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I am trying to do a static library, which uses AFNetworking. I want to distribute the library only with .a and .h files.

However, one of my classes within the library is a subclass of AFHTTPSessionManager. So my previous .h file looked like this:

#import <Foundation/Foundation.h>
#import "AFNetworking.h"

@interface MyClass : AFHTTPSessionManager

+ (MyClass *) sharedInstance;

- (void) doMagic;

@end

When I compiled the library and imported the .a and .h files into a new test project I got an error "Lexical or Preprocessor Issue 'AFNetworking.h' file not found". Thought that the solution would be to use forward class declaration and move the #import "AFNetworking.h" to the .m file like this:

#import <Foundation/Foundation.h>

@class AFHTTPSessionManager;

@interface MyClass : AFHTTPSessionManager

+ (MyClass *) sharedInstance;

- (void) doMagic;

@end

Unfortunately, this approach throws an error "Attempting to use forward class 'AFHTTPSessionManager' as superclass of 'MyClass'". As far as I understand forward class declaration you use it just to say "hey compiler classXXX exists, but you cannot see its methods and properties". Therefore, I am not sure if that's the solution to my problem.

Any suggestion how to subclass from a class but not import it?

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2 Answers 2

up vote 2 down vote accepted

You can't subclass a class whose header is unavailable. The best you can do is to make your subclass of AFHTTPSessionManager private and instead expose a class (a subclass of NSObject, say) which acts as a facade, forwarding messages to your private class.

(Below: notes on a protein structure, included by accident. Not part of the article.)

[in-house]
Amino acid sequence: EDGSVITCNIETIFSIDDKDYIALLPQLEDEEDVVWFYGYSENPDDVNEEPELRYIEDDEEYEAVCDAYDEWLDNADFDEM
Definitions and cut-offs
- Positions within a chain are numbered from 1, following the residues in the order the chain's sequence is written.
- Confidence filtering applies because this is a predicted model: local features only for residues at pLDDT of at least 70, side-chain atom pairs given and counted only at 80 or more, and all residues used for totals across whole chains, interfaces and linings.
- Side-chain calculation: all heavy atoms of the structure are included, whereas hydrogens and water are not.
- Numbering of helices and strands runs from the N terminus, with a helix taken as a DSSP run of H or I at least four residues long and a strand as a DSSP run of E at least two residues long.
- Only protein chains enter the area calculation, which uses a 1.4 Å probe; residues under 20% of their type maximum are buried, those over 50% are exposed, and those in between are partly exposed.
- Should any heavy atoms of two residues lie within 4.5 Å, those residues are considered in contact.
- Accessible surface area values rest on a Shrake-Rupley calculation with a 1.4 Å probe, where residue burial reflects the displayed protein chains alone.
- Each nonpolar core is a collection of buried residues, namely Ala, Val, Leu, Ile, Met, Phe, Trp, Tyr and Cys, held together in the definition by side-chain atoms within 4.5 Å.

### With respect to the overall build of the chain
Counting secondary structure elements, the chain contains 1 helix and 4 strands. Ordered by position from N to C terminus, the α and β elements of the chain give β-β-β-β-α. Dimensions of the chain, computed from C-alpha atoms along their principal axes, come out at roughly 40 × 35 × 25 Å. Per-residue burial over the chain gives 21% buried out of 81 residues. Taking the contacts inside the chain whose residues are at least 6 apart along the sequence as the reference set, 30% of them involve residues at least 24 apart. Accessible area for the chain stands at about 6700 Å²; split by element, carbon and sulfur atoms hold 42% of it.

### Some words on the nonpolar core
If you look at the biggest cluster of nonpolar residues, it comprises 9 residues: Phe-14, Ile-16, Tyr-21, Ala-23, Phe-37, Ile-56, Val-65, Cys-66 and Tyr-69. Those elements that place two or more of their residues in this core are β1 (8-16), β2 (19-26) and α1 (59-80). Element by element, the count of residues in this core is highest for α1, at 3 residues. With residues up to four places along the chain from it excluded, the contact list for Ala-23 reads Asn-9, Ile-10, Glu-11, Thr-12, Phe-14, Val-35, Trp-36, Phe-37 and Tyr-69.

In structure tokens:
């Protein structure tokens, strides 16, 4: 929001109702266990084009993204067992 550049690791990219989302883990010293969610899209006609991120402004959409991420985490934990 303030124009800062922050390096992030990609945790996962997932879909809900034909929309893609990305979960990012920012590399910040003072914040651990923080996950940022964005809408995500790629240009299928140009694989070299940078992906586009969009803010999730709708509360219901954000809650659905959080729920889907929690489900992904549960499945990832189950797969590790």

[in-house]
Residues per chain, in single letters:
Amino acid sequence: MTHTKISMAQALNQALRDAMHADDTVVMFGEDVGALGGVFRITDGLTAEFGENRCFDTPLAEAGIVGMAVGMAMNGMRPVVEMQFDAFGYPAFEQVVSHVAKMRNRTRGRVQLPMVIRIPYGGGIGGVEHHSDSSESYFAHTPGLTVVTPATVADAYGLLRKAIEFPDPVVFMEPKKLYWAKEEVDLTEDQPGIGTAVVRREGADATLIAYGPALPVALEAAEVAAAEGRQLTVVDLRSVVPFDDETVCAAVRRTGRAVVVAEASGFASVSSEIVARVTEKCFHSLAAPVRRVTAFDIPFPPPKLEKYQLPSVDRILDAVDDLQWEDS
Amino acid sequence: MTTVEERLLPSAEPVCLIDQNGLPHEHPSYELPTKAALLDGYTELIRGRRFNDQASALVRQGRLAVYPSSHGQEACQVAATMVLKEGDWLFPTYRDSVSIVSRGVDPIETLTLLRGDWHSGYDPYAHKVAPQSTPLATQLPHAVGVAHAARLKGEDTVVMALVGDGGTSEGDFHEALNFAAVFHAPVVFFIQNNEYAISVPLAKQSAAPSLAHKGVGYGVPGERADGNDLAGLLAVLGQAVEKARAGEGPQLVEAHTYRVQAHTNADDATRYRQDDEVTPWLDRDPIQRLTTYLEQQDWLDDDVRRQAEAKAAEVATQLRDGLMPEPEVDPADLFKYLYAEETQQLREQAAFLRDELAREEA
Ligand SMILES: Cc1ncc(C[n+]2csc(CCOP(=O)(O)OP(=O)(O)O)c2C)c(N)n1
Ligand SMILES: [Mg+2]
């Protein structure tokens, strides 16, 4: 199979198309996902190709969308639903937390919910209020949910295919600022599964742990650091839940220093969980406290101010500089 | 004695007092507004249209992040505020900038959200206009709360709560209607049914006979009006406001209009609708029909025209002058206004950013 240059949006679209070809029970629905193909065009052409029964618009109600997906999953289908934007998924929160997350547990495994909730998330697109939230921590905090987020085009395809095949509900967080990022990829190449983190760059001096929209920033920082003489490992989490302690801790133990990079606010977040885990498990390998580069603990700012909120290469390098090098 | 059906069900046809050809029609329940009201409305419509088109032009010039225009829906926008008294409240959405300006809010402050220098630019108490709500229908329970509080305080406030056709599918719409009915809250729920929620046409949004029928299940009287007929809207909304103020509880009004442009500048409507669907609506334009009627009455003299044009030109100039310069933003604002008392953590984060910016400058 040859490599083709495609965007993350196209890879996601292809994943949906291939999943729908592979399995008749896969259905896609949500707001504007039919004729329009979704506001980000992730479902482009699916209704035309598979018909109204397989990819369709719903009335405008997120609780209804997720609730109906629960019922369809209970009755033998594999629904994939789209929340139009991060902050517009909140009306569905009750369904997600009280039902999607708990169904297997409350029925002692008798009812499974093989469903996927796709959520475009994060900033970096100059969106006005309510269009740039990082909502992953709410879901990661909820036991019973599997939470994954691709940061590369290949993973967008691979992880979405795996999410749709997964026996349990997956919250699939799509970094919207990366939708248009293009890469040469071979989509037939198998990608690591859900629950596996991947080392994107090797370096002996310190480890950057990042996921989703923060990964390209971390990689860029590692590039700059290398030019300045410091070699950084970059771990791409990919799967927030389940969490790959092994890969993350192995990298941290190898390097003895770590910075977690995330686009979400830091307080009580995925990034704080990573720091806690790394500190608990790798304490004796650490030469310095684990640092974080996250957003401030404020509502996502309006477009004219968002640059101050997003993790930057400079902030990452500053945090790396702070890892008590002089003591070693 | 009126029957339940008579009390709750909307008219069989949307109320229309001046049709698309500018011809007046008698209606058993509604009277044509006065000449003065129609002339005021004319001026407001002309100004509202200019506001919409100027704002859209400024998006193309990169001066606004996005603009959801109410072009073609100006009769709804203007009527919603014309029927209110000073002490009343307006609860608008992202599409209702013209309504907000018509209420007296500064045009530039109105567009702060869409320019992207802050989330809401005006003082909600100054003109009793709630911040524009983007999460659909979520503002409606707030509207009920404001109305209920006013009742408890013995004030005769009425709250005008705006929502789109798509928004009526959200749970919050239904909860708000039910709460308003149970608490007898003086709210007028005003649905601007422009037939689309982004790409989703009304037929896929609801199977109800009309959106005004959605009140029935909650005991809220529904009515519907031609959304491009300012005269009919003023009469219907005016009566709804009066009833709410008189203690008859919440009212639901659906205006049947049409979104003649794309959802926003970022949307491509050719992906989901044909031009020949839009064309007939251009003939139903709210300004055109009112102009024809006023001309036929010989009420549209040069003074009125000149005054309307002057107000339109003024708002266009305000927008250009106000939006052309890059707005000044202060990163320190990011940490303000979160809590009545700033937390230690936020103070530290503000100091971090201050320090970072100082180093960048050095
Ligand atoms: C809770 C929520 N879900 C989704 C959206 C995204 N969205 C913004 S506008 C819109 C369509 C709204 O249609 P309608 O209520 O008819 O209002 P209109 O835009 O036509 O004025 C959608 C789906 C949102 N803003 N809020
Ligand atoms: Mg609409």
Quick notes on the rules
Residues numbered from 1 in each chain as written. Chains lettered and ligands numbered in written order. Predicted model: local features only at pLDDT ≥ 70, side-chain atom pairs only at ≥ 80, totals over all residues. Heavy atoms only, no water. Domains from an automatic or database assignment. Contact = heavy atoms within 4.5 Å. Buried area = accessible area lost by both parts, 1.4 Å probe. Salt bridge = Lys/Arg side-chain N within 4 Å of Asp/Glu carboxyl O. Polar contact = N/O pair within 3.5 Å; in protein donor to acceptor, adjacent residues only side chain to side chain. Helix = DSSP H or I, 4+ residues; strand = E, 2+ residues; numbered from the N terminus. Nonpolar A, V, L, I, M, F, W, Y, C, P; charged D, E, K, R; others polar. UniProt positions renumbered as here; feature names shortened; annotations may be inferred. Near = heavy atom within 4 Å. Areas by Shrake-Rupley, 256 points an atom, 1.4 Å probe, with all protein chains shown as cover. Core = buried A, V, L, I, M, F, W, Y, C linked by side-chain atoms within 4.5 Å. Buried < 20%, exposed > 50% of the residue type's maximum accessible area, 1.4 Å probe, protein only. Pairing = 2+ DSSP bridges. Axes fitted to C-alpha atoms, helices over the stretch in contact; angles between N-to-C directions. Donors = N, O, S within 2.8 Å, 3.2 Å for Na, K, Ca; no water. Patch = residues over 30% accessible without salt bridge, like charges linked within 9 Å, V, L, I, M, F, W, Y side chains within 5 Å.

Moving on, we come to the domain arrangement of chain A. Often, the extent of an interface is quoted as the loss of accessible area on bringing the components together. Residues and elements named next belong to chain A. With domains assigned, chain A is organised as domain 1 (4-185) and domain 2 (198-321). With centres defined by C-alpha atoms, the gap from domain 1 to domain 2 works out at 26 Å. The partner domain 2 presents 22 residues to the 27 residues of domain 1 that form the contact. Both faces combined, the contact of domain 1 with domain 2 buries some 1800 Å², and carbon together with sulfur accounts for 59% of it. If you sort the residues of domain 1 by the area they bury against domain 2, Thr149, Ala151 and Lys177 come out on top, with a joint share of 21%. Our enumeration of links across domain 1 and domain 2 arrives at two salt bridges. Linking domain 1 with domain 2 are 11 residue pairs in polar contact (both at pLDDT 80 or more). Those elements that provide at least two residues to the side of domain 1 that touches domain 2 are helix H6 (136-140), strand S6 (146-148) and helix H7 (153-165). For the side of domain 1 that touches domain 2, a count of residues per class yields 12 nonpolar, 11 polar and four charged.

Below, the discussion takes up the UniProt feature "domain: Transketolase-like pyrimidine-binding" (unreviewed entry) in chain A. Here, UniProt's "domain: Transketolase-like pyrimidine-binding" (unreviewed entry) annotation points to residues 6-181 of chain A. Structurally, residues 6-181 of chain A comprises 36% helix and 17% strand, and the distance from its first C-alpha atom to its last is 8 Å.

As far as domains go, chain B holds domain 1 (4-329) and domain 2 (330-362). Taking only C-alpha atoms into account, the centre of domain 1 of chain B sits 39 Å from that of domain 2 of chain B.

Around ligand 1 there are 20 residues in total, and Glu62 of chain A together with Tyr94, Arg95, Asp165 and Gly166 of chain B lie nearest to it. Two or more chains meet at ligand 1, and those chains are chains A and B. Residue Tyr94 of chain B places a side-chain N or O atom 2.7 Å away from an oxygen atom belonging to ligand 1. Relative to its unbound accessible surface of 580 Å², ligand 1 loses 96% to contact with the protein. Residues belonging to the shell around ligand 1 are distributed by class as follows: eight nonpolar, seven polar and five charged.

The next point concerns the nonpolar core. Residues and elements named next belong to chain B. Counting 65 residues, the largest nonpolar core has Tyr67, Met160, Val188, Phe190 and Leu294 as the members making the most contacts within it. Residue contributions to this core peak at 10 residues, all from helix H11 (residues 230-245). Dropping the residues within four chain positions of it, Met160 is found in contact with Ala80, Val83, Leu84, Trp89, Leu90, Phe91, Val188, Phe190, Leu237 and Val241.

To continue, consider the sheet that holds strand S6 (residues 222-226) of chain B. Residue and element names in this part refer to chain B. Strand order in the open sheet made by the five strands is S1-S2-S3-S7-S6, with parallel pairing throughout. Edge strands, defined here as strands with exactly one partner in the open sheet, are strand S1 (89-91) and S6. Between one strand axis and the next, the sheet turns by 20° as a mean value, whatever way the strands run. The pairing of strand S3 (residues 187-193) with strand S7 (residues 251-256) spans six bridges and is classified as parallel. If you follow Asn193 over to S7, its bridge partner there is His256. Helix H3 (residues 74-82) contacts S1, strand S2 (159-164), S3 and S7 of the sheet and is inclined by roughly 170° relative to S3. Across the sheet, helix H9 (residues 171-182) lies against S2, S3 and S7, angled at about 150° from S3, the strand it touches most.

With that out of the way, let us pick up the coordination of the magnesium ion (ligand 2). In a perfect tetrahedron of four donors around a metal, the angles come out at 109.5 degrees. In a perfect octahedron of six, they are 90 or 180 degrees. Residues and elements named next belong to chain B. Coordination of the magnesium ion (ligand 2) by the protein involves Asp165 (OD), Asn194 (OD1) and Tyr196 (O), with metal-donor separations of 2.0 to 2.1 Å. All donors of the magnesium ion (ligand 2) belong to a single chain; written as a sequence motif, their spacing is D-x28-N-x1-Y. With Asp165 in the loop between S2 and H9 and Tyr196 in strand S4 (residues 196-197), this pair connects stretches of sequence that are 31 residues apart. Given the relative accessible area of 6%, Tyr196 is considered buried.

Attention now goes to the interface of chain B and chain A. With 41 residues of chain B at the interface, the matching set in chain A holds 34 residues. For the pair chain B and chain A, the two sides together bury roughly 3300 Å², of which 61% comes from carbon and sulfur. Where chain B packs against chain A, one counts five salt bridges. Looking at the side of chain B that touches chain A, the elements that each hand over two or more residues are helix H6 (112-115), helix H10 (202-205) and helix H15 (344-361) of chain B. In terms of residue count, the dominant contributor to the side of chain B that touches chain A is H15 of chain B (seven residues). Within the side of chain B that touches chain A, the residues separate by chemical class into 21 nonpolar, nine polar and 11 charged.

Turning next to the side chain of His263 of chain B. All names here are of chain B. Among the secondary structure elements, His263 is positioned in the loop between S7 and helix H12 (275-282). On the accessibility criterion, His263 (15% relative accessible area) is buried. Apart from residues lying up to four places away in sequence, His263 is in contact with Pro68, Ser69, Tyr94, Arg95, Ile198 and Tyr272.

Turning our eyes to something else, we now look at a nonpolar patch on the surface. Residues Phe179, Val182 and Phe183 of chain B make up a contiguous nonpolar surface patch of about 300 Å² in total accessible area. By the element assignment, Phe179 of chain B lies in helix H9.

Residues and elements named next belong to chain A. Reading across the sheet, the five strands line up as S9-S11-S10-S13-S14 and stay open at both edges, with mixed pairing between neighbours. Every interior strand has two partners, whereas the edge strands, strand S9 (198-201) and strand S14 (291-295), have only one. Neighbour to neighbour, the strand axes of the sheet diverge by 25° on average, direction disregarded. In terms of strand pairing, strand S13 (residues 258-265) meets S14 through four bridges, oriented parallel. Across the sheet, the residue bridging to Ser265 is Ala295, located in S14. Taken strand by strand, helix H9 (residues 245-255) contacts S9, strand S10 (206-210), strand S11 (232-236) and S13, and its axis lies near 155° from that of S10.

You can also use a protocol as the interface for your class and just expose a method which returns an id<MyClassProtocol>. Something like:

@protocol MyClassProtocol
- (void) doMagic;
@end

id<MyClassProtocol> GetSharedInstance();

And then have a class like this which is not exposed from your library:

@interface MyClass<MyClassProtocol>: AFHTTPSessionManager
// ...
@end

Which you can instantiate and return from GetSharedInstance.

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Of course, really you should be prefixing AFHTTPSessionManager with your own name so it doesn't collide with a user of your library that might want to use a different version of that library; in this case you could just ship your prefixed AFNetworking headers as well. –  Jesse Rusak Jul 24 at 20:27

You should be importing the class here, not forward declaring it. Any class that uses your subclass should also have access to all of the public methods and variables part of the superclass without having to then also import it manually. The first error you mentioned shows that either your class is not included in the target or perhaps you are importing it wrong.

How are you including AFNetworking. Are you using cocoapods? If so, try importing it this way.

#import <AFNetworking.h>

Otherwise, make sure that AFNetworking.h is actually part of your build target using the File Inspector Panel on the right side of Xcode.

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Exactly, I use CocoaPods to include the AFNetworking into my library project. I tried to import with < > but it didn't help. See screenshot (ppdevelopment.cz/fileinspector.png) for the File Inspector –  Pája Procházka Jul 24 at 20:52
    
Yeah that all looks fine. I'm not sure what's wrong in this case. –  Dima Jul 24 at 21:02

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